Graduate students from the University of Mary Washington’s College of Education are gaining experience through Play-lab, an activity center for children with a diverse range of special needs, created by Nicole Myers, an associate professor in UMW’s education department.
Myers received a Jepson Fellowship in 2010 and chose to use the support to create the Play-lab for children with special needs. The program is held at the Fairview at River Club Church in Fredericksburg, Va.
Graduate students work with the children on individual activities geared specifically to their age level and abilities. The children also get the chance to run and play at Play-lab.
“There was a need for education students to have authentic learning environments,” said Myers. “The College of Education wanted pre-service teachers to have support and supervision in there.”
Play-lab was a place where pre-service and beginning teachers could try out research-based teaching methods in a microcosm of what would really happen in schools, according to Myers.
The UMW students who run Play-lab are members of the Methods for Adapted Curriculum (EDSE 541) class. Everyone participates as part of their field experience. It takes place from 6 p.m. to 7:15 p.m. in order to cater to working adults in the graduate program and children who participate after the school day.
“Students benefit having each other for resources and are able to try methods out at Play-lab, form good connections and get support they might not get in schools,” said Myers.
Lauren Puglia, a student in the graduate program, agreed with Myers.
“I am a teacher, and I’m learning different strategies,” said Puglia. “I can take what I am learning here and use it with my class.”
Play-lab is set up in different classrooms, with 30 minutes spent in each. There is structured teaching, where the children work independently to improve their attention, focus and behavior. Goals from each child’s Individualized Education Plan (IEP), used in their schools, are also incorporated. A free playroom contains a variety of toys, large exercise balls, play mats and a trampoline. Here, UMW students can evaluate how these children interact with each other as they play. In the social skills room, there is cooperative play and role plays to work on improving cognitive flexibility and reducing rigidity, traits many children with special needs need help with. There is also a sensory room, where a child can go if he feels he needs a break. There is a 1:1 ratio of UMW student to child.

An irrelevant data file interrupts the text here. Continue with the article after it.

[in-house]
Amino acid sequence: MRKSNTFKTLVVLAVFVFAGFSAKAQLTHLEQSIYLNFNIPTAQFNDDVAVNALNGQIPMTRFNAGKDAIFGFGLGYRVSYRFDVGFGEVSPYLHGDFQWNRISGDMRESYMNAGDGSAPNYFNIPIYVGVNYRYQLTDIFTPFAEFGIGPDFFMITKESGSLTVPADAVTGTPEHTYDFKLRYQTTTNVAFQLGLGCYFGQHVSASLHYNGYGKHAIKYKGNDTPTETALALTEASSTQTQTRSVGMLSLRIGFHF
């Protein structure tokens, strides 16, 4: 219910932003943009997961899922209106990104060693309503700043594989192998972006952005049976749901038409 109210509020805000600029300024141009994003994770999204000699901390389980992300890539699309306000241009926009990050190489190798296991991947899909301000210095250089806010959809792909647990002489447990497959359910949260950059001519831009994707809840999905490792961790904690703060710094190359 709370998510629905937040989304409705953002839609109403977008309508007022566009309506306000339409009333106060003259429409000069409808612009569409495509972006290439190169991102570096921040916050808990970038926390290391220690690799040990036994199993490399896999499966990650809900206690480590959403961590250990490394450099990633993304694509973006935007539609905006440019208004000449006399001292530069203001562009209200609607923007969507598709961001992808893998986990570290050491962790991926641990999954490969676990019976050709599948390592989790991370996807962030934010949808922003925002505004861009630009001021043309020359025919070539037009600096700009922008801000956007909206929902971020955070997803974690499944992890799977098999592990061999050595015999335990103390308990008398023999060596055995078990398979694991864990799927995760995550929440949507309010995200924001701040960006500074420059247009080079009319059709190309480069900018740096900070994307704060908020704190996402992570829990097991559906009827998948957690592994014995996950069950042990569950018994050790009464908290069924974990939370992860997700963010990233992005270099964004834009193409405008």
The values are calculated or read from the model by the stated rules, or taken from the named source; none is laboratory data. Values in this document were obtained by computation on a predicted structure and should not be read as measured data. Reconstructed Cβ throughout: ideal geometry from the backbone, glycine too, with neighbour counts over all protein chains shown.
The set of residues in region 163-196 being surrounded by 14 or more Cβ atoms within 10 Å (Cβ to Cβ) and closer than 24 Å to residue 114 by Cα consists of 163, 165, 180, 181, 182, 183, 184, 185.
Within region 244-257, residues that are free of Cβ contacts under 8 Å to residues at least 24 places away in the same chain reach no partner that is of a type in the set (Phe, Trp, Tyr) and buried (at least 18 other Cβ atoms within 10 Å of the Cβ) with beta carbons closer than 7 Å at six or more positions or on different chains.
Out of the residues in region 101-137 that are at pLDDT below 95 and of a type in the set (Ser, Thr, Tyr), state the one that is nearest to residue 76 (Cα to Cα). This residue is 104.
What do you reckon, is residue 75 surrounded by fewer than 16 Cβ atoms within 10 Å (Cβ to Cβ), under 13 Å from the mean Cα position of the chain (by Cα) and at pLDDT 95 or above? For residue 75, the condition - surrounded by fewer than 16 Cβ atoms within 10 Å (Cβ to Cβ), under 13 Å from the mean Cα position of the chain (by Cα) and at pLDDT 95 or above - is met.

“Participants are given homework each week, and their parents get a copy of the program,” said Myers. The program, or theme, changes each semester. This semester the program is titled “Unstuck and On Target!” which teaches children with special needs how to be more flexible in their thoughts and actions.
“Cognitive flexibility allows children with special needs to be able to interact more positively with peers and adults and is a skill they will need in order to have positive and vocational skills as an adult,” said Myers.
Parents are also given weekly updates and are able to meet with the UMW students at the end of the semester. During the meeting, the graduate students focus on the ways the parents can support their child with social, daily living, academic and behavioral skills. The students answer any questions from the parents and give them a list of resources that help their child.
“We’ve also had families connect with each other so they can continue the friendships their children make at Play-lab, which is nice, too,” said Myers.
Play-lab is recommended to parents of children with special needs through places like Parent Resource Centers, pediatricians’ offices and the Child Development Center in Fredericksburg. Play-lab is open to children with a variety or disabilities ages three to 13 years old who may benefit from an adapted curriculum. UMW faculty review submitted applications to determine if the child is a good fit for the program. There are also scholarships available for needy families due to grants and donations.
Myers told the story of one boy that got on a bus thinking it was going to Play-lab, found out it was not, and refused to get back on. One father remarked that Play-lab “opened many doors for his son.”
For many Play-lab “graduates,” their social skills have improved so they can be included in groups and camps with typically developing peers.
“It’s fun and it helps you learn more and you get better and better. It helps you with making friends and it helps you with everything,” said seven-year-old Grayson.